However, it is not just a battle between optimist-believers and skeptical-pessimists; it’s not just a question of belief or the lack of it. Positive thinking shows a path that prevents a critical, conscient, and constructive interiority. Francisco Bosco, the Brazilian philosopher, in his book “Alta Ajuda,” dedicates its first chapter/essay to this subject. He presents the idea that positive thinking has an effect of “easy consolation” before an adverse or challenging situation. By opposition, he argues that only negative thinking — the movement that allows us to live, understand, and build on adversity and challenge — enables us to let go of the “structures that remove our power to act and condemn us to a passive existence.” Then we can to create new versions of ourselves that grant us access to further actions based on new understandings and feelings. By creating new ways of being and behaving, we notice that the need to “kill” old habits so as to annihilate some parts of ourselves rules. This process never is and never will be comfortable; for that purpose, no positive thinking can help.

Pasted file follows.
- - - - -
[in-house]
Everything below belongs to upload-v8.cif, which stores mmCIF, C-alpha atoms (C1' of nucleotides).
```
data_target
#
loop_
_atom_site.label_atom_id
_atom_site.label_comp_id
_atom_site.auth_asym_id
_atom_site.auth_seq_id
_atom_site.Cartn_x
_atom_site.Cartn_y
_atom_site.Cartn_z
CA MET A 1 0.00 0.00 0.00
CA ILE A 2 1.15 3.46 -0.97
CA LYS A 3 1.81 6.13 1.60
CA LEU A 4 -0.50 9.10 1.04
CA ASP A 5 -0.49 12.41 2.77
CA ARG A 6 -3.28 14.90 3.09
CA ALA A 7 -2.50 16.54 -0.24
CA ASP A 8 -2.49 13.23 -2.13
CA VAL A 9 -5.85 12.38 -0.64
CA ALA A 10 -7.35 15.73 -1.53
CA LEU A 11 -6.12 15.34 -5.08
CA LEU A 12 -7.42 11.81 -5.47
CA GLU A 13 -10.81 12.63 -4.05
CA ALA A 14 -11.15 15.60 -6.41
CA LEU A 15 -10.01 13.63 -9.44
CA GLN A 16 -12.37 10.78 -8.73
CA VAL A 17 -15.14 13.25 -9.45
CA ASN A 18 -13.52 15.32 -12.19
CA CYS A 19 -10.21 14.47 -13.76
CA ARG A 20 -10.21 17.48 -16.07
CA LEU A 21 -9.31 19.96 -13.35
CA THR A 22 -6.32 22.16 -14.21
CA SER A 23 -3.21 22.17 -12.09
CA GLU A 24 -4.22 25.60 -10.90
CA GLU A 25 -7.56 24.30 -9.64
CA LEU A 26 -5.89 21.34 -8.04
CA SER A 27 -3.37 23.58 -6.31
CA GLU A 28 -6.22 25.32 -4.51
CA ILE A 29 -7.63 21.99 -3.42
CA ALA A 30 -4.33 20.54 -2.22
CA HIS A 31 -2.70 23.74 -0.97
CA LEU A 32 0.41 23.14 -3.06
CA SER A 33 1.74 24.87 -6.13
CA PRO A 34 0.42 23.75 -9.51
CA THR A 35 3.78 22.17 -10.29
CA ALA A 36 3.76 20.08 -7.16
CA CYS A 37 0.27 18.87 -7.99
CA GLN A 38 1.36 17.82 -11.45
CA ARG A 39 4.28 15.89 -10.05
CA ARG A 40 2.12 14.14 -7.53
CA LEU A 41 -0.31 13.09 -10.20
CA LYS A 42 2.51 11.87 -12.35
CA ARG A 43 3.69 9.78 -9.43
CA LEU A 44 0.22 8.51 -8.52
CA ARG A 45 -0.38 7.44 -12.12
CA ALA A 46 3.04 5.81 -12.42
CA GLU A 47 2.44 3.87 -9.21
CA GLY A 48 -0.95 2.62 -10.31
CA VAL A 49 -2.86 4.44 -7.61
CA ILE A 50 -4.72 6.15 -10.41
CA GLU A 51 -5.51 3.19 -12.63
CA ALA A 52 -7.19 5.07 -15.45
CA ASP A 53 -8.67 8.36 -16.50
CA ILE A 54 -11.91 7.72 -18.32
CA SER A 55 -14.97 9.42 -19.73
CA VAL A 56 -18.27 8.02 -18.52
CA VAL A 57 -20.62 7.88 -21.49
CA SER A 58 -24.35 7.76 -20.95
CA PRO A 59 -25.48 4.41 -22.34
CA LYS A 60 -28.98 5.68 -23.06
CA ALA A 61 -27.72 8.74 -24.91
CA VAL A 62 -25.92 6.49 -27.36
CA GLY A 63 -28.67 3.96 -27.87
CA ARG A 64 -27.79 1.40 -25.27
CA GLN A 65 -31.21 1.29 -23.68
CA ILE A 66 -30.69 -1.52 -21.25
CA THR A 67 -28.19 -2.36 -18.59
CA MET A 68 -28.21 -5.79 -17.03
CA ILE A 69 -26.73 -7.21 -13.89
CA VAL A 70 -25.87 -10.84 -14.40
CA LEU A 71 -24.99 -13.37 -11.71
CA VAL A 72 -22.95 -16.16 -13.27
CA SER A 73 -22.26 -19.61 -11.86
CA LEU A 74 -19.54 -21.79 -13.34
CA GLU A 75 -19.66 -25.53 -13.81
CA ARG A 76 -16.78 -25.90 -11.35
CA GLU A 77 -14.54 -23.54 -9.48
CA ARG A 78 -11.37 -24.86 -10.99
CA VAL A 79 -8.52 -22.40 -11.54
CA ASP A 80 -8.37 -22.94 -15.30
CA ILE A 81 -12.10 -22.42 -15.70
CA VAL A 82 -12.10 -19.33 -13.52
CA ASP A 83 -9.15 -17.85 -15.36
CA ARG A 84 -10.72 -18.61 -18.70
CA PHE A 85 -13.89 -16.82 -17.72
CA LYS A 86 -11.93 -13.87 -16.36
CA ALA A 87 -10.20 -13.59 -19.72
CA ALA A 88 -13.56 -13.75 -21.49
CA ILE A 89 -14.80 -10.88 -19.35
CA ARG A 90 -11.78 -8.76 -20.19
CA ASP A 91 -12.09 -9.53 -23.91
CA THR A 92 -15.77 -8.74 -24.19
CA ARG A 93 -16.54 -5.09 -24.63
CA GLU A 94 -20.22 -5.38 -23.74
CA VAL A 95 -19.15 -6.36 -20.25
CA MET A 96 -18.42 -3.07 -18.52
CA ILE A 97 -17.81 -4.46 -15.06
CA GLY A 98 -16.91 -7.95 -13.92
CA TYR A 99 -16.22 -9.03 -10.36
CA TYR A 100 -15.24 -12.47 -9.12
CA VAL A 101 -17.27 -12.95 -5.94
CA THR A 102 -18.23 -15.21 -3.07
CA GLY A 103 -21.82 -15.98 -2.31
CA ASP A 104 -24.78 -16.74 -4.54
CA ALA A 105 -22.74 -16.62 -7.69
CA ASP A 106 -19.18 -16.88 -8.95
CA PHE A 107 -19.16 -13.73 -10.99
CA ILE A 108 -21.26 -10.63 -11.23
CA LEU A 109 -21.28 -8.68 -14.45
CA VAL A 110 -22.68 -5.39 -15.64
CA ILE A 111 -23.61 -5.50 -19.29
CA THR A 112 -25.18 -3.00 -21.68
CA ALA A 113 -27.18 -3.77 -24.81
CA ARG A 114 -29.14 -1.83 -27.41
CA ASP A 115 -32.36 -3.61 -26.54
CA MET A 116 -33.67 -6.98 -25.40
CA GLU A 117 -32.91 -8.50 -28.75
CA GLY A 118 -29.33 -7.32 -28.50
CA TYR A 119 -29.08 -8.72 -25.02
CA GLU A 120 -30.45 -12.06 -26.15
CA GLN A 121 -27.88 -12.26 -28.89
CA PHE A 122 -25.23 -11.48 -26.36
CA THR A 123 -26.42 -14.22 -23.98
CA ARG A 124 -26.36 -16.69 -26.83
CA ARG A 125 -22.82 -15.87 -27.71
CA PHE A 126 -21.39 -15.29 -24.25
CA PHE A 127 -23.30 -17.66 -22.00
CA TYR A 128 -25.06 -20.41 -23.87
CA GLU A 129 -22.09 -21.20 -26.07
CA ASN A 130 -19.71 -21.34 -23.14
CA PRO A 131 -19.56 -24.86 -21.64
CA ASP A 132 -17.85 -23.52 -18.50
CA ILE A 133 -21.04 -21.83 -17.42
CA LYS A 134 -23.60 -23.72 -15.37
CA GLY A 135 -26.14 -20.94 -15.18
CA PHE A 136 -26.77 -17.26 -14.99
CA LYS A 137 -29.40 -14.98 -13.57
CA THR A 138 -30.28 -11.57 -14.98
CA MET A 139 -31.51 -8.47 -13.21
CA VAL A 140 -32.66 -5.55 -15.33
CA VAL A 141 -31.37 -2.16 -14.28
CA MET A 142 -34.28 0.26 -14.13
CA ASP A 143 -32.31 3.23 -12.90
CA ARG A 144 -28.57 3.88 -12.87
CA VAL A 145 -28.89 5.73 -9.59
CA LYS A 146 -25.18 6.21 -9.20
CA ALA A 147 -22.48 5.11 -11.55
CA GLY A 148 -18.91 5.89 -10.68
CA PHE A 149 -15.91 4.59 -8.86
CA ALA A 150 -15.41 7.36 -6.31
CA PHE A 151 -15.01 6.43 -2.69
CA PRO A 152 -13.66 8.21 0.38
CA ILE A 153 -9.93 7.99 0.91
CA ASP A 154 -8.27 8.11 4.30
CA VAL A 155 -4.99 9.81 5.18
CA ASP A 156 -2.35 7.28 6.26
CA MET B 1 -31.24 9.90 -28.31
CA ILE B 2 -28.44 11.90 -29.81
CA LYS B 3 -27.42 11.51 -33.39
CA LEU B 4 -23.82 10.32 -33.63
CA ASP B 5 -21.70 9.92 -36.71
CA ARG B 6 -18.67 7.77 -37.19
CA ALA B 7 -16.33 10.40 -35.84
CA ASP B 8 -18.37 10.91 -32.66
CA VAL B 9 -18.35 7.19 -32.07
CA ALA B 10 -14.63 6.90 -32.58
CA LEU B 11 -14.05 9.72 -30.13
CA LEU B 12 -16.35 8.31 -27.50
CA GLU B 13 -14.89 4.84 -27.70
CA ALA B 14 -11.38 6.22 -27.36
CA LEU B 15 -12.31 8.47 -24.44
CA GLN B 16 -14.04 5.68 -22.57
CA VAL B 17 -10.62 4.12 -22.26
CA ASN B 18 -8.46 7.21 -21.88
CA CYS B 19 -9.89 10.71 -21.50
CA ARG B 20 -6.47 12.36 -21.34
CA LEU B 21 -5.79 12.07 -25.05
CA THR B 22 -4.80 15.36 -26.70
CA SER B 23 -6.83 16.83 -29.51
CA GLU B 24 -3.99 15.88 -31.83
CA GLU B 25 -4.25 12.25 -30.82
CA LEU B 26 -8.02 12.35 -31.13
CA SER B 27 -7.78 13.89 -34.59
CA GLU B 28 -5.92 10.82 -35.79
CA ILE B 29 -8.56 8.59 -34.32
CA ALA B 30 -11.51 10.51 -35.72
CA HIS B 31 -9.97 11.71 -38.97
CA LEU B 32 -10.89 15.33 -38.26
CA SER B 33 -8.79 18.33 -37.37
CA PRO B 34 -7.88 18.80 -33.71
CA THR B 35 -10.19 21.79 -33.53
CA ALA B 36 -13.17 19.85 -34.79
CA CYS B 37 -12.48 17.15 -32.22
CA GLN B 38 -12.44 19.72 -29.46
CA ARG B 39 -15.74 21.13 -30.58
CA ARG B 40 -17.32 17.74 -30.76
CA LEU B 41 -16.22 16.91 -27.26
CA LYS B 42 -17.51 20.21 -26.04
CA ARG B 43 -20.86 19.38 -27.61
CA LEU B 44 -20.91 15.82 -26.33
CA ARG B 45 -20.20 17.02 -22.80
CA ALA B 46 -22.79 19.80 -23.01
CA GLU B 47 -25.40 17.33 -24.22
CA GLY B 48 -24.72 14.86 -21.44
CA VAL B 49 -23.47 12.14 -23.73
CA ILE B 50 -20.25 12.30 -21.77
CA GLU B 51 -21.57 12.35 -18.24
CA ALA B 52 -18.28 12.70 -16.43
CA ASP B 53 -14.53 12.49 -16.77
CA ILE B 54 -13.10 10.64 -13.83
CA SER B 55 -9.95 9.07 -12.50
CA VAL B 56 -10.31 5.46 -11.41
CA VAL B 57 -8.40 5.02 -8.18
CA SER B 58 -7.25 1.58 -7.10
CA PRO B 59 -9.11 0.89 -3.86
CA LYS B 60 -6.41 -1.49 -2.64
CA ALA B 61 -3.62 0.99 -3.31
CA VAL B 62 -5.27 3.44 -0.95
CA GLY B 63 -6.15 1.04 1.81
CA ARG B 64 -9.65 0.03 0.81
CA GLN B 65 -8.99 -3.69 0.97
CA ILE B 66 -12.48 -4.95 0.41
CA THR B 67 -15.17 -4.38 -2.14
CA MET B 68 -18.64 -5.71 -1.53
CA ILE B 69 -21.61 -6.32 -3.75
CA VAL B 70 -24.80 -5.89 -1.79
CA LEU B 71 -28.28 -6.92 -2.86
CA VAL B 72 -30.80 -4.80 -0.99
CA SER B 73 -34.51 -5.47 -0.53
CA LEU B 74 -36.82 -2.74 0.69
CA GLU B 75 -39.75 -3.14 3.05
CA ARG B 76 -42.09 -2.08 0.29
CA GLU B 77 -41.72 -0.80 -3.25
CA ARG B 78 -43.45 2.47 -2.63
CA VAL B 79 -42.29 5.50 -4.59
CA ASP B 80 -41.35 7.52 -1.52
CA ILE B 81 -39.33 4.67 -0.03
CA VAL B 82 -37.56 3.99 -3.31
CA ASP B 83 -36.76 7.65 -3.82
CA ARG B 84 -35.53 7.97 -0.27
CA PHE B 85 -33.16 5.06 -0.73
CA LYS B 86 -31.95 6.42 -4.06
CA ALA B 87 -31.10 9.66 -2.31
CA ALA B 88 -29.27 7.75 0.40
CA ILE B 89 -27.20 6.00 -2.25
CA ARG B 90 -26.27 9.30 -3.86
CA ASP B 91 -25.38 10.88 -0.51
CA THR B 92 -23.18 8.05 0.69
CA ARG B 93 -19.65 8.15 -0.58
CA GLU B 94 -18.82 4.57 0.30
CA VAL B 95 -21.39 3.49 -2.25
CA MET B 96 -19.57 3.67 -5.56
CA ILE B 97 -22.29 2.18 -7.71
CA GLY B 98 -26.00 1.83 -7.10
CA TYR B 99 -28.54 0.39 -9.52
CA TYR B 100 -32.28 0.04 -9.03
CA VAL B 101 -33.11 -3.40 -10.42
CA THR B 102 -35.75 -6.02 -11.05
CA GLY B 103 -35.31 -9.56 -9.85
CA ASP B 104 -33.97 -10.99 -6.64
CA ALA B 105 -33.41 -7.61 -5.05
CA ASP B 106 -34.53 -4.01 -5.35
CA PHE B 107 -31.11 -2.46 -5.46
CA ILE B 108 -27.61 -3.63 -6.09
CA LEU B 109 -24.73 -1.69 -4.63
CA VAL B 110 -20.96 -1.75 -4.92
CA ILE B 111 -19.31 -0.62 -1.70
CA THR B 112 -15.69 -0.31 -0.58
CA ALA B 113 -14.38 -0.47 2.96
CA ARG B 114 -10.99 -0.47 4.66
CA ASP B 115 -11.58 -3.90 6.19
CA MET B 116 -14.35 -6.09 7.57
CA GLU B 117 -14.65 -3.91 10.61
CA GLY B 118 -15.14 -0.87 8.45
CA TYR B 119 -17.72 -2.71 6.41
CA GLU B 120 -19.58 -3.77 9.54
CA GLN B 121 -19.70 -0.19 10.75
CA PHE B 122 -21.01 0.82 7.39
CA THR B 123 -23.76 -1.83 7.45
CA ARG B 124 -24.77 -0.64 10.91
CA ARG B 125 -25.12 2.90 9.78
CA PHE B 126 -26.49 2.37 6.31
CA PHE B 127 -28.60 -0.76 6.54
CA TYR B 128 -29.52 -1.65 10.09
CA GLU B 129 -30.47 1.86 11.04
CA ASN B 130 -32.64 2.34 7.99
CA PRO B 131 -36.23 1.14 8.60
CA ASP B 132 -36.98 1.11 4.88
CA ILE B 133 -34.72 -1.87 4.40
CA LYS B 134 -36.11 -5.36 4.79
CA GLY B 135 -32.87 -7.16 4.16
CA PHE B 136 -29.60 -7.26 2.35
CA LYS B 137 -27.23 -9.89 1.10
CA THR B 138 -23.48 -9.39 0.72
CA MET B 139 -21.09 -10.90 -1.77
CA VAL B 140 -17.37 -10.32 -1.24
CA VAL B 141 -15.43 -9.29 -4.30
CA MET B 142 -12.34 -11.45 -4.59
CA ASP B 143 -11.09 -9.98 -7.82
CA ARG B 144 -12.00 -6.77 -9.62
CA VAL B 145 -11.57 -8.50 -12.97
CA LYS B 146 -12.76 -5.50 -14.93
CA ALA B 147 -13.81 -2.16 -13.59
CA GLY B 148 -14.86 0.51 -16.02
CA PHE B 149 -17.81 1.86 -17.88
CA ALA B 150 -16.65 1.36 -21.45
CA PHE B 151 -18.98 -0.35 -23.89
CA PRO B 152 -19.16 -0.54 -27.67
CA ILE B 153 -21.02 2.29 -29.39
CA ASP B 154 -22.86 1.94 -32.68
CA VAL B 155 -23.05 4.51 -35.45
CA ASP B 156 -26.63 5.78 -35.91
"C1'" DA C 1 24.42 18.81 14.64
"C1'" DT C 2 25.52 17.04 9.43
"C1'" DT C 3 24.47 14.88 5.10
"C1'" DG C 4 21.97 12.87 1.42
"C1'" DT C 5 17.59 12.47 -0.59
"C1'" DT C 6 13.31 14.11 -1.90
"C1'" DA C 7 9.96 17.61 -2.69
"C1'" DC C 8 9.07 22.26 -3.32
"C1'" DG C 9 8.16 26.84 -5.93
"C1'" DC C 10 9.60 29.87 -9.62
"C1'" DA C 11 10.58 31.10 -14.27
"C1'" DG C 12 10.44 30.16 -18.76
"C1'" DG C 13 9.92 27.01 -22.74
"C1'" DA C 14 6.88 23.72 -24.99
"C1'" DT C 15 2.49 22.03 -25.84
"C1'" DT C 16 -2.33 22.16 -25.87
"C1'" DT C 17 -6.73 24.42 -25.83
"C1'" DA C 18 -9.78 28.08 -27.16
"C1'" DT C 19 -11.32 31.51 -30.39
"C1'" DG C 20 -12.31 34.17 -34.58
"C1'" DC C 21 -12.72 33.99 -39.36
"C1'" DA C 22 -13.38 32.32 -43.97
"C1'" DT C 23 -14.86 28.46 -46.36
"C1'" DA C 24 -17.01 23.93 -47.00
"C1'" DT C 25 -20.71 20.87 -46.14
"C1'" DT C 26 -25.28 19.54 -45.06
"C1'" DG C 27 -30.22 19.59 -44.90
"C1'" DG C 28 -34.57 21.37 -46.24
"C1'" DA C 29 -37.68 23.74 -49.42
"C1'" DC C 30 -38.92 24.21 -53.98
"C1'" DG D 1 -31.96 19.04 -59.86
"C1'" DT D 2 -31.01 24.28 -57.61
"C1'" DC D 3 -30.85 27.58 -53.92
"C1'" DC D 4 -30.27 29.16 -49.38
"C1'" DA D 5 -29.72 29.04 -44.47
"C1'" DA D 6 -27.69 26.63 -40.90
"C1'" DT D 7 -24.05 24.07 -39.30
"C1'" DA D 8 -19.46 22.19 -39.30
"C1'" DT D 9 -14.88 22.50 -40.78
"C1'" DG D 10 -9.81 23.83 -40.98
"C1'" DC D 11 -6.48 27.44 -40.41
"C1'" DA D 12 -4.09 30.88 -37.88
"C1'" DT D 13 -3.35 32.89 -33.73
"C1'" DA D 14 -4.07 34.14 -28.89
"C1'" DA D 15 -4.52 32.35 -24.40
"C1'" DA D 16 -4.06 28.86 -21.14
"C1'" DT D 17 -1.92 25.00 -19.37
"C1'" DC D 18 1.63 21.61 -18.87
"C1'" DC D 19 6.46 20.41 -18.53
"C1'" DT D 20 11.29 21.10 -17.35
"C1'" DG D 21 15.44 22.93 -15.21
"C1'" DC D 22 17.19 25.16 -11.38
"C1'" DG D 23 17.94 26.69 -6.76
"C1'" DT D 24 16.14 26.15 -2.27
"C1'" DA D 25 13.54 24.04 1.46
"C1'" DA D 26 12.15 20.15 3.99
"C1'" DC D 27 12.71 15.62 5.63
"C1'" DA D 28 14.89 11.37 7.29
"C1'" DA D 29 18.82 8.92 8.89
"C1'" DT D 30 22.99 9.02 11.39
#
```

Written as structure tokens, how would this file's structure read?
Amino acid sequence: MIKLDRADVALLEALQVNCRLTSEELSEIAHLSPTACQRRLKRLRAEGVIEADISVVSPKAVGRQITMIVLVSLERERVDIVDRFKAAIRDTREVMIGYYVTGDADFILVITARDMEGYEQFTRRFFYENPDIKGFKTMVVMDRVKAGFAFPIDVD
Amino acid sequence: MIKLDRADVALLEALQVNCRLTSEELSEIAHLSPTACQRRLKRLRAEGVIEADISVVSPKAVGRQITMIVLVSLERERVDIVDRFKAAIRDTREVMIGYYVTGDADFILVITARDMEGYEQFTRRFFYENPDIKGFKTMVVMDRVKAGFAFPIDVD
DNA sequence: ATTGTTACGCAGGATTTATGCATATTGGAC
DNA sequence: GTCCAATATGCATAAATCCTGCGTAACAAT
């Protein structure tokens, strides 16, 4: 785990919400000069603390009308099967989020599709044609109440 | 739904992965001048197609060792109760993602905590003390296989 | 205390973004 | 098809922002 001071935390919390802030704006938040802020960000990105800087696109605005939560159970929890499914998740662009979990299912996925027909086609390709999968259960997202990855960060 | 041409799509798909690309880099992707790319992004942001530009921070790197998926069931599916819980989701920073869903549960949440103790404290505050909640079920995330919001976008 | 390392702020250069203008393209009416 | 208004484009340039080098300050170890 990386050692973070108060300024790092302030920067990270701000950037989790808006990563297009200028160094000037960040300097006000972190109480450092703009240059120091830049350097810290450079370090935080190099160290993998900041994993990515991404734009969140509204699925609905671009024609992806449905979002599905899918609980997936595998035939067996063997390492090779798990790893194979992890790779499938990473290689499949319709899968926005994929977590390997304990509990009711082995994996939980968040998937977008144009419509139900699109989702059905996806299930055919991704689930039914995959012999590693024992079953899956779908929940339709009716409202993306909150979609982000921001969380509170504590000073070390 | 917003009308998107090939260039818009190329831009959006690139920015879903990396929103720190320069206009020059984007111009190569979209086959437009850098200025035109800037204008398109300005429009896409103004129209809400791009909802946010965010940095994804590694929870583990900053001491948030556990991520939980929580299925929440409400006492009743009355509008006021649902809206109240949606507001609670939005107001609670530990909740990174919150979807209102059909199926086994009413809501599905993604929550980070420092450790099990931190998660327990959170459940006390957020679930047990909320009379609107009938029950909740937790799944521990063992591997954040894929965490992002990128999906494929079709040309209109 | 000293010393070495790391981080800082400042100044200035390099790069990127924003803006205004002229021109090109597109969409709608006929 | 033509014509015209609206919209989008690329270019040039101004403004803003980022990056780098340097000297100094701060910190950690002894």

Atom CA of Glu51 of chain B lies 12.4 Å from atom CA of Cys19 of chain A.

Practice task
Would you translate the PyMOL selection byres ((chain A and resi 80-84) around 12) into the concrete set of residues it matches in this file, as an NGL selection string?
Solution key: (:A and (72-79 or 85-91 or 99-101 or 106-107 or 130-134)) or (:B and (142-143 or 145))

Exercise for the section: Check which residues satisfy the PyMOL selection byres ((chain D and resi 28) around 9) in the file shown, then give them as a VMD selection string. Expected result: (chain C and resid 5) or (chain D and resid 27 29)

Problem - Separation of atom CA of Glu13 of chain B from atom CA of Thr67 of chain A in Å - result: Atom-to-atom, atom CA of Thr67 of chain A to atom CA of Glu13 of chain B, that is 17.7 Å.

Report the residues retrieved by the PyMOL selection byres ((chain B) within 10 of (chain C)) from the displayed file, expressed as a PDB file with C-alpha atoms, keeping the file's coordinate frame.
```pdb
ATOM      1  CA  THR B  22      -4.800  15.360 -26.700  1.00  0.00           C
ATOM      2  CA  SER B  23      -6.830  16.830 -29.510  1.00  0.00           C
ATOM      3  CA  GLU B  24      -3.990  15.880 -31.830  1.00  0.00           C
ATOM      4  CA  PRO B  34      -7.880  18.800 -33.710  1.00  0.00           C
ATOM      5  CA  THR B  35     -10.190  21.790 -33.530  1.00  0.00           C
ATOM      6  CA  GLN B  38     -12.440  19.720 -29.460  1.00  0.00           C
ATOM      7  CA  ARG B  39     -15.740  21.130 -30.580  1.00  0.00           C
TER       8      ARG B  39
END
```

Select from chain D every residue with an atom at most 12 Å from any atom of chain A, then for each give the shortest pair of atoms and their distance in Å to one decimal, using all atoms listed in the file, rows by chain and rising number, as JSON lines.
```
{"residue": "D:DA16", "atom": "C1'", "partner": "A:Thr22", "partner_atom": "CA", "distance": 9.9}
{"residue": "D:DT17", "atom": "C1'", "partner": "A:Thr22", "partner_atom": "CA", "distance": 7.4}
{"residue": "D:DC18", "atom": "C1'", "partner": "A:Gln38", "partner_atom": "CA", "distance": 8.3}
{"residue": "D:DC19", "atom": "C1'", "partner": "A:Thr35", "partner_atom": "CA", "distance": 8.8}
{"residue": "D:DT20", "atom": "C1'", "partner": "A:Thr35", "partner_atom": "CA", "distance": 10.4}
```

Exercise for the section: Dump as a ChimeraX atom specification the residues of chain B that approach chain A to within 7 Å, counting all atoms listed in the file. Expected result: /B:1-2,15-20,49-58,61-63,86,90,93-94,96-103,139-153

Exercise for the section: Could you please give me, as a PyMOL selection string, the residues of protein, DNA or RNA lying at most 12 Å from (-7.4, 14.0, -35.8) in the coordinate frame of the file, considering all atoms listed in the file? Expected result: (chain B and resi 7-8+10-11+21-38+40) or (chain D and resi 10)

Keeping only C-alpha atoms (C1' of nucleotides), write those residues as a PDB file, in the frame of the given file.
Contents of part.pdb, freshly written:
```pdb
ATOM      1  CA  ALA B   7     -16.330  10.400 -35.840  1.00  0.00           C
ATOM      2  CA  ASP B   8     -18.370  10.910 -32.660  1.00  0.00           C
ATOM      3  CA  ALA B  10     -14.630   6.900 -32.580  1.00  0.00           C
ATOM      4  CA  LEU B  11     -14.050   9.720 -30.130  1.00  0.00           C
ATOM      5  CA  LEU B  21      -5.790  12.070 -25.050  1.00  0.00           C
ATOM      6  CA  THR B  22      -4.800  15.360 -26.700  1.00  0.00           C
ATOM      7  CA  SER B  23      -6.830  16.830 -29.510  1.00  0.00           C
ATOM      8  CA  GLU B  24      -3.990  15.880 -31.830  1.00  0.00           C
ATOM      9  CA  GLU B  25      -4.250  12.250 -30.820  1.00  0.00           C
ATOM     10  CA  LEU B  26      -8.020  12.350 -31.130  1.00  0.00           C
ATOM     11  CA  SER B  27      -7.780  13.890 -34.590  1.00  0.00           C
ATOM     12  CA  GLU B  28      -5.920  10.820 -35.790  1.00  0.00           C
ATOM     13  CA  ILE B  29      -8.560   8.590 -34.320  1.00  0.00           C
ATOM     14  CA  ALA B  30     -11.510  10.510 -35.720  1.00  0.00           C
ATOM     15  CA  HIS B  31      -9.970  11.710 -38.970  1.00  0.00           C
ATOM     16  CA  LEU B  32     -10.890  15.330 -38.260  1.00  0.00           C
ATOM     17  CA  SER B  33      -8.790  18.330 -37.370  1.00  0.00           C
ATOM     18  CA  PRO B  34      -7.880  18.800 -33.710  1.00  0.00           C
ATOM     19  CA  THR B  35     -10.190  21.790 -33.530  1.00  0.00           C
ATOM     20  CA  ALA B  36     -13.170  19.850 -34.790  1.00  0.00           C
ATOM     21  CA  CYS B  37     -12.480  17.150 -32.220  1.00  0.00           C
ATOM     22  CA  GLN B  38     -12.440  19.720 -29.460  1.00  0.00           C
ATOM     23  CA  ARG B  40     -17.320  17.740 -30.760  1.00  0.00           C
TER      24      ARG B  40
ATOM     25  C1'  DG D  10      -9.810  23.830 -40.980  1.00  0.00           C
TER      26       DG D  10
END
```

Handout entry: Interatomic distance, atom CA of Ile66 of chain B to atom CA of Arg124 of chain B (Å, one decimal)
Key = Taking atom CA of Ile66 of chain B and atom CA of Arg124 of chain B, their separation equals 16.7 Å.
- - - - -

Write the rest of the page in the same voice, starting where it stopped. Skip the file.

Positive thinking, in its superficial version, at least, leads us to abdicate the inner work that is indispensable to elaborate experience, namely life, and to transform and incorporate it into action. Part of the idea that wishes (of overcoming a difficulty or of reaching something) have to be immediately satisfied, creating, thus, an illusion that “everything is going to be fine if I believe in that hard enough,” does not contemplate the scenario in which the wish is not fulfilled. For that reason, it does not let us think about any other outcome.